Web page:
Science & Exploration

Greenhouse in Space: Food in Space lesson (Part 1)

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ESA / Science & Exploration / Human and Robotic Exploration / Lessons online

5, 4, 3, 2, 1….lift off!

ESA’s MagISStra mission has begun as three more astronauts head off to the International Space Station from Baikonur in Kazakhstan.

The ISS is an incredible space ship that orbits 400 kilometres above the earth 16 times a day at a speed of 28000 kilometres per hour.

For the next days and even months these astronauts will live, work, and sleep on board this spaceship where the internal environment is very different to that what is usually experienced by human beings on earth. For example, everything has to be fixed or tied down or it will float away because of the microgravity conditions in space.

ISS orbit
ISS orbit

All the food and water the astronauts need has to be transported to the ISS. Materials are taken on board from Earth and help sustain the crew in this relatively closed space.

They need to have carefully planned meals which allow them all their nutritional needs and exercise to maintain their health on board the Space station.

Cargo ships such as ATV, HTV and Progress bring supplies of food and water to the ISS.

The astronauts work and maintain the ISS. They carry out many scientific experiments which help mankind in areas of medicine and technology. In conditions of weightlessness, experiments can be carried out in the absence of gravity and compared with what happens on Earth.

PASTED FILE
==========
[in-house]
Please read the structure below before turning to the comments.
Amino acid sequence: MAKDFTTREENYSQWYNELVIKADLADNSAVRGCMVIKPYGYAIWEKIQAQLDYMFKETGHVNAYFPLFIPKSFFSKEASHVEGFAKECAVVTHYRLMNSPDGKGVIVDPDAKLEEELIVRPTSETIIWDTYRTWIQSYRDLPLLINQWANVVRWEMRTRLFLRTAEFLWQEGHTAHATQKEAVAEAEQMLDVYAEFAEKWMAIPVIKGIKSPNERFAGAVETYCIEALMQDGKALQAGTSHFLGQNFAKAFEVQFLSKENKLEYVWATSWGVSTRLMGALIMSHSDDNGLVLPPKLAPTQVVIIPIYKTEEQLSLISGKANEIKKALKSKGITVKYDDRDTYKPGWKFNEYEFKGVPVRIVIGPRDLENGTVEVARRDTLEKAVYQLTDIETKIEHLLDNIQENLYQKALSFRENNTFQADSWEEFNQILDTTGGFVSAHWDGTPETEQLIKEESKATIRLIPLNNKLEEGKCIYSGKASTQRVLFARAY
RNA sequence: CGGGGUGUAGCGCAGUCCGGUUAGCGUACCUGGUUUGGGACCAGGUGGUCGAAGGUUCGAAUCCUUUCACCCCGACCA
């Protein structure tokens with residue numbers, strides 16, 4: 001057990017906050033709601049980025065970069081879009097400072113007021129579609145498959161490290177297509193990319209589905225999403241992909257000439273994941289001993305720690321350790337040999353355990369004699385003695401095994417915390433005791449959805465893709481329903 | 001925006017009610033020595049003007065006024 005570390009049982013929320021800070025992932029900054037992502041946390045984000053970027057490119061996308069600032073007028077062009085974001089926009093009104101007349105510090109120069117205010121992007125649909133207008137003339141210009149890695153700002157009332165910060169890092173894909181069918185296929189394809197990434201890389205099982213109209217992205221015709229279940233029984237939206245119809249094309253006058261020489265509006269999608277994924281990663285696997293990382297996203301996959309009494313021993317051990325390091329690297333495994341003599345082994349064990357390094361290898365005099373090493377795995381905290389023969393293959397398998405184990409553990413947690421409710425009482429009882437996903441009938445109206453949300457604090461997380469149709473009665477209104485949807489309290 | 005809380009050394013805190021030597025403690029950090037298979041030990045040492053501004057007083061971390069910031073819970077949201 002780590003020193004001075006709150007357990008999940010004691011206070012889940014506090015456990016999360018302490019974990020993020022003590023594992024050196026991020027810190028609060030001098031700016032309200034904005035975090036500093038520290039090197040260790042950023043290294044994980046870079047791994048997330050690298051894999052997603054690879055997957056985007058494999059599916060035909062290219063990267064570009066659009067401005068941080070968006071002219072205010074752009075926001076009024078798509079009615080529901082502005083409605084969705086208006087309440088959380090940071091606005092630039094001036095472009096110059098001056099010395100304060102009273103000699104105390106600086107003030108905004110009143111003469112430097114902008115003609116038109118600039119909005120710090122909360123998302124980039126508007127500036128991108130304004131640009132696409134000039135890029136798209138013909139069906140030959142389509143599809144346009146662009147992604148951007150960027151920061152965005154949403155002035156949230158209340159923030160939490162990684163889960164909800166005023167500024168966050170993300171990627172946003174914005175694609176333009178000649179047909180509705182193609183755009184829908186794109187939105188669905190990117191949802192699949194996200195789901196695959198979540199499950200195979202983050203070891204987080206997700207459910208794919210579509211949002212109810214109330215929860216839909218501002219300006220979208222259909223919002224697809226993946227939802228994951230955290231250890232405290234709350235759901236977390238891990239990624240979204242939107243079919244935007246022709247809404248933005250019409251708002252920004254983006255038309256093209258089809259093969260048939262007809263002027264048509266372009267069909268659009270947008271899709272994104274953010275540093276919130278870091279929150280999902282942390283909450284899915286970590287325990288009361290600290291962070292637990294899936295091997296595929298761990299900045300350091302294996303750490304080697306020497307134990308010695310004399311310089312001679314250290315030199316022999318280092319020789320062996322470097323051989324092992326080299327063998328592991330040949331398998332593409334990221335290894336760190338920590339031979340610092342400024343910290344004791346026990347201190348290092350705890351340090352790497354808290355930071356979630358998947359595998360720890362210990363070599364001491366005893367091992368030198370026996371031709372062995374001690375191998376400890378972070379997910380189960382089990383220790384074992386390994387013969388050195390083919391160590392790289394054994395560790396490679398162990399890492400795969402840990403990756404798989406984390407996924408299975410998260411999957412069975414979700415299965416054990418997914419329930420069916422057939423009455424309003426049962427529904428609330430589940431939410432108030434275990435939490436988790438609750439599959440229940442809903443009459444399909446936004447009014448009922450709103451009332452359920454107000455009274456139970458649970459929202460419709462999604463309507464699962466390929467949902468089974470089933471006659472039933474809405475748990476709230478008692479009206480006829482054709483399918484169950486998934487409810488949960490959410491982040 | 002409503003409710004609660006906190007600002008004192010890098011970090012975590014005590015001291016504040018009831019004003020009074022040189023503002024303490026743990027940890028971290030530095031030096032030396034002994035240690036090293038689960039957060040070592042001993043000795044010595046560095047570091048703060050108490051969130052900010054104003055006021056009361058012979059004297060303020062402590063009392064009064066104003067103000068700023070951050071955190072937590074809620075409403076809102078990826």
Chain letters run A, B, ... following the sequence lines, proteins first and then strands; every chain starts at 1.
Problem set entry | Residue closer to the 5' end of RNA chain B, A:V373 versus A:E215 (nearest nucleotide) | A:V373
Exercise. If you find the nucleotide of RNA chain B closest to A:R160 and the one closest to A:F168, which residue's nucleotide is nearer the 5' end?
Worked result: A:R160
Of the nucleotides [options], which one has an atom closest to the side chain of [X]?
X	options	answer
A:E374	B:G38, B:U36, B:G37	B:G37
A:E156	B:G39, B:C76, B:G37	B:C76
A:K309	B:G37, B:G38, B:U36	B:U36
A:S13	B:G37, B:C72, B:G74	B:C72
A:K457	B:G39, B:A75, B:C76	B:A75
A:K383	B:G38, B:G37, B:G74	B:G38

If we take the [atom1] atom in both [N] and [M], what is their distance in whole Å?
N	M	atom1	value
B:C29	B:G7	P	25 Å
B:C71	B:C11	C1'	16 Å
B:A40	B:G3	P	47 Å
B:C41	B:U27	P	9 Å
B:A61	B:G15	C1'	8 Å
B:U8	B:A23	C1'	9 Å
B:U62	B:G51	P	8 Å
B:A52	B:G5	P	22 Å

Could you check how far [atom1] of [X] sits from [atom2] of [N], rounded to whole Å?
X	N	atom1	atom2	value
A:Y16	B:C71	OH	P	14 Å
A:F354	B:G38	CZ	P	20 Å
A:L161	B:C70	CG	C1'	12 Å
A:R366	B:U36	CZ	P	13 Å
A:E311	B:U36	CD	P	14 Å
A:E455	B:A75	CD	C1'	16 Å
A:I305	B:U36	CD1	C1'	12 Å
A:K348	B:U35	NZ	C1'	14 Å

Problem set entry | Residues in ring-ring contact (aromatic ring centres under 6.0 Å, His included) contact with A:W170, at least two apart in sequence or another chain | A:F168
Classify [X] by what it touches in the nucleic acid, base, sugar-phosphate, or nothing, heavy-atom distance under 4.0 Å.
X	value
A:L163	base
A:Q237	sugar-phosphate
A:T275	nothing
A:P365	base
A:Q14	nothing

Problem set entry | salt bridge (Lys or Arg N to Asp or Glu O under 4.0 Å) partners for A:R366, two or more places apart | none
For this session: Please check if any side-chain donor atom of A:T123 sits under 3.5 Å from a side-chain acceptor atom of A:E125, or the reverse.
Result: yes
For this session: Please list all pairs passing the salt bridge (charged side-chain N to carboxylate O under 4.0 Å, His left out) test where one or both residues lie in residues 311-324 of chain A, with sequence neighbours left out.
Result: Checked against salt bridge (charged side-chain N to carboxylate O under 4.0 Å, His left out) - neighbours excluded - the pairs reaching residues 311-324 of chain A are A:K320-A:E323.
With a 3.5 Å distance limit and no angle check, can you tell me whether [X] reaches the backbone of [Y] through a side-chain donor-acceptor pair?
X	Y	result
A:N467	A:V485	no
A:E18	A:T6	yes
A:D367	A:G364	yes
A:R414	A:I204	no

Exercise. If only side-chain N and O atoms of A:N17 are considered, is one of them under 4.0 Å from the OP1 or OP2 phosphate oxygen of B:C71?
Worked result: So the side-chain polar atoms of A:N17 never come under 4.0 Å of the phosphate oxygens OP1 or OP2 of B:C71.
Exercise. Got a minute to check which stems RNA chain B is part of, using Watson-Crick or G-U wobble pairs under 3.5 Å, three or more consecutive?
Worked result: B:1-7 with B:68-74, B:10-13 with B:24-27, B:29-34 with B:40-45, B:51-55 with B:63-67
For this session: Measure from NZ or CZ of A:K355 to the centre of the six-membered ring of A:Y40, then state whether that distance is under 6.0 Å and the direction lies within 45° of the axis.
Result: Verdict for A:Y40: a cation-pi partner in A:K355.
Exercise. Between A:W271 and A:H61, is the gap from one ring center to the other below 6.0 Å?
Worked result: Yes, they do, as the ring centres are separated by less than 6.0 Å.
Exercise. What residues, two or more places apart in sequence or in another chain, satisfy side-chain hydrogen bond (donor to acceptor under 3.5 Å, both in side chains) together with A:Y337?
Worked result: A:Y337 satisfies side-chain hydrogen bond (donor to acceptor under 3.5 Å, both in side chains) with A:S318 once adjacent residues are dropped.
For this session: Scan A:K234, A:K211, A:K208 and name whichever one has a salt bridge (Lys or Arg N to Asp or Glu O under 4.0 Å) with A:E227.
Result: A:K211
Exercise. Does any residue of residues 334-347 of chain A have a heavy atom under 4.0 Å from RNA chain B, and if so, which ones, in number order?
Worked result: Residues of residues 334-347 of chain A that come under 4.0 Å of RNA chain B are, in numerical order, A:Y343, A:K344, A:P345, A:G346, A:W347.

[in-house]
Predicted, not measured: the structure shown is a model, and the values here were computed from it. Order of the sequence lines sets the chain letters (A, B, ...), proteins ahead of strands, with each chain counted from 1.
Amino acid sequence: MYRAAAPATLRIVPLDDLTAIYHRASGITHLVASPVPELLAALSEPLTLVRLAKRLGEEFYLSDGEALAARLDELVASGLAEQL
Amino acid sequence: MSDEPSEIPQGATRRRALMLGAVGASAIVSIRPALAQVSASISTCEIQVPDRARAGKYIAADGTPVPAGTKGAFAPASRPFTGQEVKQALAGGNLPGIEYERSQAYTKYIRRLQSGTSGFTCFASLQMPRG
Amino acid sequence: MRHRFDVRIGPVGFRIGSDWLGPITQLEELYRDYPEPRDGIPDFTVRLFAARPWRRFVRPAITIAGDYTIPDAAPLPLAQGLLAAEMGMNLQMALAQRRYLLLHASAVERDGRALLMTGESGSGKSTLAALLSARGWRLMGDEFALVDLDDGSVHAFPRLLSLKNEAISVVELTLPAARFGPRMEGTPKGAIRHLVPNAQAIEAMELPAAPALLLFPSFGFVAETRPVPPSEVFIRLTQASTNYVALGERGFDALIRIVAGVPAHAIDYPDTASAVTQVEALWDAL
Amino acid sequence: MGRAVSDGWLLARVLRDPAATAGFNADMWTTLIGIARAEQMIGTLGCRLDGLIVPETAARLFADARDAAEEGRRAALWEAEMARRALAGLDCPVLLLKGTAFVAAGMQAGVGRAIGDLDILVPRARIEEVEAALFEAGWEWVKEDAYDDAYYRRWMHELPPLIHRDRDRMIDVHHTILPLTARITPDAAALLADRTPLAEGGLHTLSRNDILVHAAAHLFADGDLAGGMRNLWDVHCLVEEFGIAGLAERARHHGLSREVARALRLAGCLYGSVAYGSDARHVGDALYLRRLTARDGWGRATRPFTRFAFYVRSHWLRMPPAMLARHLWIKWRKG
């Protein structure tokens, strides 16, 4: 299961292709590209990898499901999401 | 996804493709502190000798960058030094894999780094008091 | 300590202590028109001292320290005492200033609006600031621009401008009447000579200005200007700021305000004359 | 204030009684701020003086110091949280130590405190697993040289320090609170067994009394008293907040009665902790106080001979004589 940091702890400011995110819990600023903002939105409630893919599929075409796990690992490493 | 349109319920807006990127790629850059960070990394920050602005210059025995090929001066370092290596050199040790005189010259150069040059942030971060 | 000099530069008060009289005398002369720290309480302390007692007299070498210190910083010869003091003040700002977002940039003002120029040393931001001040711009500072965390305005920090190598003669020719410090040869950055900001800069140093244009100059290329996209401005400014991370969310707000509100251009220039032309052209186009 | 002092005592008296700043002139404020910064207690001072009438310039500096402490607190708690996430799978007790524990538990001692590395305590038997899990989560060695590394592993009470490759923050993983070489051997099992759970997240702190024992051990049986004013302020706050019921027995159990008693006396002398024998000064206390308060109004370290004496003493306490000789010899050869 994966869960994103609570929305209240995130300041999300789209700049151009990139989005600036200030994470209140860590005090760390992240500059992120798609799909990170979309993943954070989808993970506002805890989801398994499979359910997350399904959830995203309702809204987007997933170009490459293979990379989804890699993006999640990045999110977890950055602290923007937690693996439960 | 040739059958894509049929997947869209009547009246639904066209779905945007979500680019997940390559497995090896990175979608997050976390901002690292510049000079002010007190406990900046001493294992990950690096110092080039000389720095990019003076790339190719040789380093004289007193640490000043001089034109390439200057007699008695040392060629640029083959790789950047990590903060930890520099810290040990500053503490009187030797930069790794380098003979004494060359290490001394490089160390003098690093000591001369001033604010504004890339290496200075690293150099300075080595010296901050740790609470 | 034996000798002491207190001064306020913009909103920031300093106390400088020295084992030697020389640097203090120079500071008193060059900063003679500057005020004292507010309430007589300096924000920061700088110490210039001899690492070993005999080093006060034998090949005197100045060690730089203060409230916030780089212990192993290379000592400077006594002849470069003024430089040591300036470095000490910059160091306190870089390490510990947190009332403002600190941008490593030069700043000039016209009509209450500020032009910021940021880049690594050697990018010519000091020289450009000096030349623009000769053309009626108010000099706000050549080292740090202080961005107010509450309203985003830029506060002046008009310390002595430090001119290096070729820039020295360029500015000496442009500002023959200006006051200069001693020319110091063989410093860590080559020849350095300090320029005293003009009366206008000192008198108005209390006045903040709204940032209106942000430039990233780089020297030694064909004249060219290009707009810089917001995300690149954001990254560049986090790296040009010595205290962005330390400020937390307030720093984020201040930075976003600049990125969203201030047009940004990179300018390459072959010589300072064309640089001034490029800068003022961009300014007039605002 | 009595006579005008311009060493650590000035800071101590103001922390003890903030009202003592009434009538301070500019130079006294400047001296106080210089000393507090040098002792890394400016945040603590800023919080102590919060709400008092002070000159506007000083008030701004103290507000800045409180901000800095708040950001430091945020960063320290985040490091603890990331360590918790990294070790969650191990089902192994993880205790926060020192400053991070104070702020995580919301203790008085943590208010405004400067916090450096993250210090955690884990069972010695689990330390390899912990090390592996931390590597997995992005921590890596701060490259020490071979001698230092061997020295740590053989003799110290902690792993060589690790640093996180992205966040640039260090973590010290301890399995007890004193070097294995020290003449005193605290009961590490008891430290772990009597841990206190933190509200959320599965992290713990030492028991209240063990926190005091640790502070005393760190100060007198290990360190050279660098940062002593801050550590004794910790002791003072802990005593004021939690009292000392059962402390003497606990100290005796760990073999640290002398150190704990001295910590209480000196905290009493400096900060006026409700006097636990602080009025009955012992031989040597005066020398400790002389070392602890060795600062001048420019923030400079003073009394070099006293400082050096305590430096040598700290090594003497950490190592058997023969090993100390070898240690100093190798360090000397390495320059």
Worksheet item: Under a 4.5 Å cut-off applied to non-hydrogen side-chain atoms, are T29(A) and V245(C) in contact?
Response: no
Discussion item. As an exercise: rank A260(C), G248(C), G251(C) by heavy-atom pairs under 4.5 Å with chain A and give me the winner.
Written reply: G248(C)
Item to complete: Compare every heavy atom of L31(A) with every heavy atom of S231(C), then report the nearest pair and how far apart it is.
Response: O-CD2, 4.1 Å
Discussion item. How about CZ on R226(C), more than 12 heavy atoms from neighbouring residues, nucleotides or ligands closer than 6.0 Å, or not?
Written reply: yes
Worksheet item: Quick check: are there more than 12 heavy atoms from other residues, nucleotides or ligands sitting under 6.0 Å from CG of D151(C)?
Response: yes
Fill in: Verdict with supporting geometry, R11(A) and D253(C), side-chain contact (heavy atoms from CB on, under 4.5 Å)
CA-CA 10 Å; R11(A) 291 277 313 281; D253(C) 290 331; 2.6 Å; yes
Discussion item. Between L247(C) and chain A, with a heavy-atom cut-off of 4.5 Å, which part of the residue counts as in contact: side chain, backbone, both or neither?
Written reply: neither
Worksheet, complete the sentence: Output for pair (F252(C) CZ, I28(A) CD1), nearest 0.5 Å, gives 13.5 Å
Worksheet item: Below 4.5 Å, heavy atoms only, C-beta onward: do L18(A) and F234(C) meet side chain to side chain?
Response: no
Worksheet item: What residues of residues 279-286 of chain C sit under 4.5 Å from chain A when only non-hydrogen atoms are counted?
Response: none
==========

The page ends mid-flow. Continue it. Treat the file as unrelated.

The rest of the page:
Before we look at one very special experiment involving growing plants on board the ISS lets look at why plants are so important to us.

Part A: Importance of plants

Plants are multi cellular living things. They grow, excrete, respire, reproduce and respond to external stimuli.

They are our main source of food and without plants there would be no humans or animals. Can you think of reasons why?

Think about food chains and food webs you have studied.

What do all the food chains begin with? Draw some food chains and food webs making them as complex as you like. From these you should be able to clearly see the essential role of plants. Every food chain has at its start point, organisms that are able to produce their own food (plants and chemotrophs).

On Earth we have all the ingredients necessary for life: Air, water, light, nutrients and warmth. We (and all animals) are able to get our energy to live and grow from the food we eat and the oxygen from the air.

We break down complex molecules from the food we eat (carbohydrates, proteins and fats) into simpler molecules that our bodies can use (glucose. amino acids, fatty acids and glycerol). We use these to build the molecules that allow us to live, move and grow.

Glucose and starch
Glucose and starch

Plants do this in a different way. They use simple molecules such as carbon dioxide from the air, and water to construct more complex molecules such as glucose. With a few more nutrients that plants get from fertile soil (such as nitrogen or sulphur), plants can use glucose to make even more complex molecules such as carbohydrates, proteins and fats which they store in special structures or their leaves.